So, unfortunately there’s at least one issue with all of the different existing approaches. The best one in terms of performance is the explicit null-checks, and the only problem with that is that it’s hard to read and write; but what if we could make it easy to do so?
Enter the macro
This is where the idea for the macro-based approach comes in. It allows us to create, what is essentially, a
source code ->
source code level transformation at compile time; or in layman’s terms, a code re-writing tool.
With this power, we can specify the property we’re trying to access, and have the macro rewrite it for us, as the fully explicitly null-checked version.
With this approach we get the best possible solution, something that is null-safe, easy to read and write, and efficient!
|Readable / Writable
|For loop flatMap
|Monocle Optional (lenses)
|thoughtworks NullSafe DSL
Key: ️ = Good, = Sub-optimal, = Bad
How to get it
To add it to your project, just add the dependency
and then import
and you’re good to go!
There’s also two other variants of the macro:
opt, which is useful for interoping with Java code and work as follows:
notNull which works like this:
All of the above work for method invocation as well as property access, and the two can be intermixed. For example:
will be translated properly.
Also the macro makes the arguments to method and function calls null-safe as well. So in the case of:
you don’t have to worry if
e would be
Custom default for
? macro, you can also provide a custom default instead of
null, by passing it in as the second parameter. For example
There’s also a
?? (null coalesce operator) which is used to select the first non-null value from a var-args list of expressions.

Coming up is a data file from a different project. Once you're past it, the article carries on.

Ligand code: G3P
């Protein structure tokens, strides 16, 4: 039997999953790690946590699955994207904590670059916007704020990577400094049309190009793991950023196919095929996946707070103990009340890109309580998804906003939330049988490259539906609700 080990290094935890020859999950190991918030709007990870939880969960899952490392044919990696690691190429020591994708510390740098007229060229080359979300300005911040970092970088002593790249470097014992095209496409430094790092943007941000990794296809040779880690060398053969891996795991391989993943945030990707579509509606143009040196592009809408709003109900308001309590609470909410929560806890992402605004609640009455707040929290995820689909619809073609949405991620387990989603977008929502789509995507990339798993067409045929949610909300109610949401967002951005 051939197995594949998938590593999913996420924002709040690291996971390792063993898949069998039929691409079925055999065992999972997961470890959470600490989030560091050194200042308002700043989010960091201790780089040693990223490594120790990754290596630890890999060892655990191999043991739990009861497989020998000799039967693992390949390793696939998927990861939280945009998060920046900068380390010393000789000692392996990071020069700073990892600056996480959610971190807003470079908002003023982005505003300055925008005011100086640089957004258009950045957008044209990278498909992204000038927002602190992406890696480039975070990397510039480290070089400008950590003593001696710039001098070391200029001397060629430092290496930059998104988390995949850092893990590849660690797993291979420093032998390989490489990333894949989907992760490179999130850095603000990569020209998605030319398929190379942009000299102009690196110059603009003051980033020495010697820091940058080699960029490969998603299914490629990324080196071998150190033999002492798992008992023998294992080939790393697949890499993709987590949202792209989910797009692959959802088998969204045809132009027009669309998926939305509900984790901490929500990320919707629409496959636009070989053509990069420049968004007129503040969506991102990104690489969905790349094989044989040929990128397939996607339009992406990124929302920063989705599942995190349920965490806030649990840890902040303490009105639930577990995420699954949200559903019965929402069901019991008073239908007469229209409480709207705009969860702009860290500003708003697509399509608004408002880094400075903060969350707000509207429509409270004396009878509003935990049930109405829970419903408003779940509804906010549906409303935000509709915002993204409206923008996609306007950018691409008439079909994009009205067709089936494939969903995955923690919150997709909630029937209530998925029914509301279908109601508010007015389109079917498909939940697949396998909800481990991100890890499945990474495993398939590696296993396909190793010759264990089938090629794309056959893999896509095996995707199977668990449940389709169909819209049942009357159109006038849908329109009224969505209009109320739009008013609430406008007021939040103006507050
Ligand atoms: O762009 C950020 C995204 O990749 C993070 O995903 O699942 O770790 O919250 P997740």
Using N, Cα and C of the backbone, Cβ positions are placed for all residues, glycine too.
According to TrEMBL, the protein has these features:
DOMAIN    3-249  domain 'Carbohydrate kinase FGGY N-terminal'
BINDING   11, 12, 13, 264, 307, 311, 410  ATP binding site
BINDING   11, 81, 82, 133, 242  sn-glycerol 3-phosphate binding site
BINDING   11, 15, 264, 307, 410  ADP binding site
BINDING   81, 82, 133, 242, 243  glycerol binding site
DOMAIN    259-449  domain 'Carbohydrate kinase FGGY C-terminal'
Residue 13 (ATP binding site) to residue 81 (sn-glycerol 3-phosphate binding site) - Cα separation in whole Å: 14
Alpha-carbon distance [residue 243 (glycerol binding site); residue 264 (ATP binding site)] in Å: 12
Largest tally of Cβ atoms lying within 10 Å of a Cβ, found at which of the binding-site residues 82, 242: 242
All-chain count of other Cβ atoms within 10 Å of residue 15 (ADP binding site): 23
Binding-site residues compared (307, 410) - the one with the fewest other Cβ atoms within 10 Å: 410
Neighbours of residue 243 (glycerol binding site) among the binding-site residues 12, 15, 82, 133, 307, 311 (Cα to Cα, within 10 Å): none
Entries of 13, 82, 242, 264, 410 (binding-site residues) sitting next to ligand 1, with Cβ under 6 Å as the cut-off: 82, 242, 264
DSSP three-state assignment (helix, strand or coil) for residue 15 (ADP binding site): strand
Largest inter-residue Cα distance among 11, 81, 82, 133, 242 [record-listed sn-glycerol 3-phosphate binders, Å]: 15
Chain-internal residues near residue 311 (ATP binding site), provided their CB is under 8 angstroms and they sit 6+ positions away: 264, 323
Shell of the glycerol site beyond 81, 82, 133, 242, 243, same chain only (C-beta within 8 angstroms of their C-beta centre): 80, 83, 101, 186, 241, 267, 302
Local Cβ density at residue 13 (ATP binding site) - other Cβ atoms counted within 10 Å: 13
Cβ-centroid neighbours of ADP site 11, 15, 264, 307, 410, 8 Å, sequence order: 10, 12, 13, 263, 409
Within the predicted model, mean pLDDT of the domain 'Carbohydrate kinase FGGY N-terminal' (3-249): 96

The null-safe coalesce operator also rewrites each arg so that it’s null safe. So you can pass in
a.b.c as an expression without worrying if
null. To be more explicit, the
?? macro would translate
Compared to the
? macro, the
?? macro checks that the entire expression is not
null, whereas the
? macro would just check that the preceding elements (e.g.
null before returning the default value.
The macro is also smart about what it checks for null, so anything that is
<: AnyVal will not be checked for null. For example
Would be translated to:
Here’s the result of running the included jmh benchmarks:
Data in tabular form
You can find the source code for the JMH benchmarks here. If you want to run the benchmarks yourself, just run
sbt bench, or
sbt quick-bench for a shorter run.
These benchmarks compare all of the known ways (or at least the ways that I know of) to handle null-safety in scala. It demonstrates that the explicit null-safety is the highest performing and that the ScalaNullSafe macro has equivalent performance.
In the next section we’ll examine how the usage of
null will evolve in the next major version of Scala, Scala 3, AKA Dotty.